WE have never pretended to be imaginative on our morning walk -- the dogs and I. We turn left from the front gate, past the last house on the next block, and into the hills. A bathrobed neighbor, retrieving her morning paper, calls, ``Watch out for coyotes. Saw one up by the vacant lot last night.'' Going downward on the slope, we nod recognition to a group of huddled construction workers. They talk quietly as they wait in the predawn cold to begin shaping the skeleton houses on the terraced lots.
Keesh bolts forward, pulling on the leash with indiscriminate zeal for squirrel, rabbit, bird, or bug. Taffy keeps pace briskly. I notice an early lupine beginning to bloom at the curve in the road.
We pass the blue Pinto wagon. A man drives his two hunting dogs to that spot nearly every morning. Unleashed, they obey him with excruciating precision. Sometimes we see them moving on the adjacent hillside. He and I wave a distant acknowledgment. Occasionally he will point toward coyotes slinking away from the road off into the canyon.
Often we meet the lady in trench coat and hat walking a matched pair of well-bred Airedale terriers. Or the small, somber man with the large, unleashed Labrador who will not obey him.
We take a looping side road in order to see a special view of the snow on Mt. Baldy and the hills below. At the bend, we turn and start back. About that time the sun rises, and we halfwalk, halfrun all the way up the last hill.
At home, there's biscuits and water all around as we unwind gently from our exertion. Afterward the dogs grow sleepy. Taffy curls up in her basket, and Keesh stretches out at the front gate by the time I must leave and drive to my office miles away.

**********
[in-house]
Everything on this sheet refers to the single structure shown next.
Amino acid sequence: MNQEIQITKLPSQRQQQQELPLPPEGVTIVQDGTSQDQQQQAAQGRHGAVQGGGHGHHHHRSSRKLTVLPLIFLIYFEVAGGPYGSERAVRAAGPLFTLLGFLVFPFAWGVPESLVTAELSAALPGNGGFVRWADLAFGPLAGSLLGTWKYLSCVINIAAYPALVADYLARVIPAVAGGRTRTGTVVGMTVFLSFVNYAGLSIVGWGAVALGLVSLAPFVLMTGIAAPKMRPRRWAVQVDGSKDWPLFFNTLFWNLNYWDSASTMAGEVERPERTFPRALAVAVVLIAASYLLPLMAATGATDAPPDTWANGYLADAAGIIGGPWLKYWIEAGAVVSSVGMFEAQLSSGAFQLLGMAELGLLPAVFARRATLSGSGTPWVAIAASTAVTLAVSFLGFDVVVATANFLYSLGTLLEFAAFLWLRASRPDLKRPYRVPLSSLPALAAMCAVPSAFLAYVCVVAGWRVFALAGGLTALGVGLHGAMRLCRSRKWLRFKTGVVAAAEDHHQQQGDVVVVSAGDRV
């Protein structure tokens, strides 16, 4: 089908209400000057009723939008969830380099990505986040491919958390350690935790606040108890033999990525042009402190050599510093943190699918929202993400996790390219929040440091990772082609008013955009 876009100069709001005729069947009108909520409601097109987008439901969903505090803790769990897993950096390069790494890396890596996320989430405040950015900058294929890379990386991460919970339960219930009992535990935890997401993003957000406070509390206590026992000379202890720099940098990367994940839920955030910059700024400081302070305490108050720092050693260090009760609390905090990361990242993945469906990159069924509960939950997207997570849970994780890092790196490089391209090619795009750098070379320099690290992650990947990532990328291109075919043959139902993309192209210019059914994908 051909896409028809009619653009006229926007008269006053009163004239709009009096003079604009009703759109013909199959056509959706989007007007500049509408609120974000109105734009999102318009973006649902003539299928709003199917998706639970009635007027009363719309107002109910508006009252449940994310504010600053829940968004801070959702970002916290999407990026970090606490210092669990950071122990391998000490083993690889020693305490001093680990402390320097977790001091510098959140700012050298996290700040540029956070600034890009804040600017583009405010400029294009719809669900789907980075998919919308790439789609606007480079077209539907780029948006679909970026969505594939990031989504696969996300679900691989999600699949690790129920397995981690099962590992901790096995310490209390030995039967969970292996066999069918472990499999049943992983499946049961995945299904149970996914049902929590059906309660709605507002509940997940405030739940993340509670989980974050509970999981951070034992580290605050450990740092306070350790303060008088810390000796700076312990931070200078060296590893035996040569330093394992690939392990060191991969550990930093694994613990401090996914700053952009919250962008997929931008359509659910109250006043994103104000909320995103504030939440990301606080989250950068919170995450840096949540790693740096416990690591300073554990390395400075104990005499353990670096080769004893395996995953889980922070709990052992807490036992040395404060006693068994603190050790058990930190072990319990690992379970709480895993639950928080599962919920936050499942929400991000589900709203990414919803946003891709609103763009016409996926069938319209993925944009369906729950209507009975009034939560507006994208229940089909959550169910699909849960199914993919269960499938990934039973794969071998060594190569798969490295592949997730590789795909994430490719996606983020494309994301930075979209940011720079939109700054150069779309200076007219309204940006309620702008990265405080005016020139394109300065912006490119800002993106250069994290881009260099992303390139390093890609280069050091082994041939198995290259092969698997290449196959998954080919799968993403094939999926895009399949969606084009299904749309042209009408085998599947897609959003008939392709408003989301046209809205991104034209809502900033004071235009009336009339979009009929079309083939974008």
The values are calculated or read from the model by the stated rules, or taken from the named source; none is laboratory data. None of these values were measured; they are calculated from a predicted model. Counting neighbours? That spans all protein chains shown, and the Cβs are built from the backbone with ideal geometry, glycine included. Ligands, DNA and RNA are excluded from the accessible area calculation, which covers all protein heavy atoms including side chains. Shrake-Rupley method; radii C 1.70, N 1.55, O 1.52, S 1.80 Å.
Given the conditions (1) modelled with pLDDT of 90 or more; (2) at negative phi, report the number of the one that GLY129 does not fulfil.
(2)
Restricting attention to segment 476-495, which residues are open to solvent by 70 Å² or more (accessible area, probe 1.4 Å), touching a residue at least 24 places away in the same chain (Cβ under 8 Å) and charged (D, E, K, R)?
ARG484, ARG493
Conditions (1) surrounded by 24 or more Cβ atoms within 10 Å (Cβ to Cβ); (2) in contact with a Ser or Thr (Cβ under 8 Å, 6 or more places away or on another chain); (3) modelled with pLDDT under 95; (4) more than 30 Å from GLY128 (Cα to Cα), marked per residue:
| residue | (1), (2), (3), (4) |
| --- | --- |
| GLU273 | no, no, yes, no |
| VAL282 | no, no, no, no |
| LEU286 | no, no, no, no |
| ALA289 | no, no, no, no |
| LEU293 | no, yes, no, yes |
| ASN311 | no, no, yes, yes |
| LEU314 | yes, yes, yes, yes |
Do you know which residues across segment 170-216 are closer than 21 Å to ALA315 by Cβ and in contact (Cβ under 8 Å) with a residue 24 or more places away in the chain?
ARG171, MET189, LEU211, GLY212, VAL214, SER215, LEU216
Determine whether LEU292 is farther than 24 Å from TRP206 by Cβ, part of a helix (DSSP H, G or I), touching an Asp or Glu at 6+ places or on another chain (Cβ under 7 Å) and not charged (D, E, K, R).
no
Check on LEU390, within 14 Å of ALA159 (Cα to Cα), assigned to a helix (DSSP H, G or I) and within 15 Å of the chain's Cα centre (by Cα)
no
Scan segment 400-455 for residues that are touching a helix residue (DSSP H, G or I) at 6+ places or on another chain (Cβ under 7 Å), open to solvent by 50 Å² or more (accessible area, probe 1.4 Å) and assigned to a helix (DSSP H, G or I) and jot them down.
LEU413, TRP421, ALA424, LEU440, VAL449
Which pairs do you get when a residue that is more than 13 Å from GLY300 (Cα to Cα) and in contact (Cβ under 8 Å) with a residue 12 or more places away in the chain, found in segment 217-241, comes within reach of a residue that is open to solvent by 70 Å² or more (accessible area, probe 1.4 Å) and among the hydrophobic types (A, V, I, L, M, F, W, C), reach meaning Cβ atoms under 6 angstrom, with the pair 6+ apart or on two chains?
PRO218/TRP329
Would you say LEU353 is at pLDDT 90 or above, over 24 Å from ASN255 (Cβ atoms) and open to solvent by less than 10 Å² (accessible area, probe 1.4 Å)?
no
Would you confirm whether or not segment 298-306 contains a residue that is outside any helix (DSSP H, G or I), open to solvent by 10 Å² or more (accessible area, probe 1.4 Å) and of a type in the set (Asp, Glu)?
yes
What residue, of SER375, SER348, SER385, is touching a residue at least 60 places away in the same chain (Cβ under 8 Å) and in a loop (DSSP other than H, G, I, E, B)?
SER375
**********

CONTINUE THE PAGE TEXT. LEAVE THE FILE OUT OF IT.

Sometimes during the day I see their faces before me in the very midst of business. Taffy, the white Cockapoo -- eternal puppy, cautious, timid, skipping like a lamb for me as freely as she did when my grown children were in grade school. Keesh, the stray keeshond who attached herself to us on a morning walk and never left -- exuberant, gregarious, blustering, guardian, always the unexpected.
Then the telephone rings and meetings extend and reports pile up. There are unplanned projects and urgent interruptions and routine correspondence. There's the whole continuous sequence of interactions with people and paper and machines. Then, finally, a rounding out of the workday with a last shuffling of files and click of the desk lock.
In the soft weariness of day's end, I move with the momentum and rhythm of homeward-bound traffic. Through the darkening streets, lights begin to appear in homes and apartments. Bikers shoot past on the right side, and a bewildered cat hesitates in the street before returning to the curb it just left.
As the traffic thins, the hills begin. I consciously do not hurry, prolonging the long pull up to the curving summit and drawing out the western sky view, dark and red with lights in the distance.
My car swings around the corner and into the garage. The dogs are at the gate. The house waits to draw us in.
A hundred years ago (or was it yesterday?) we were a quartet. Remembrance of the past is here and not here. We move into the immediate, the now -- rushing, reaching, jumping, leaping, grasping, holding. Together.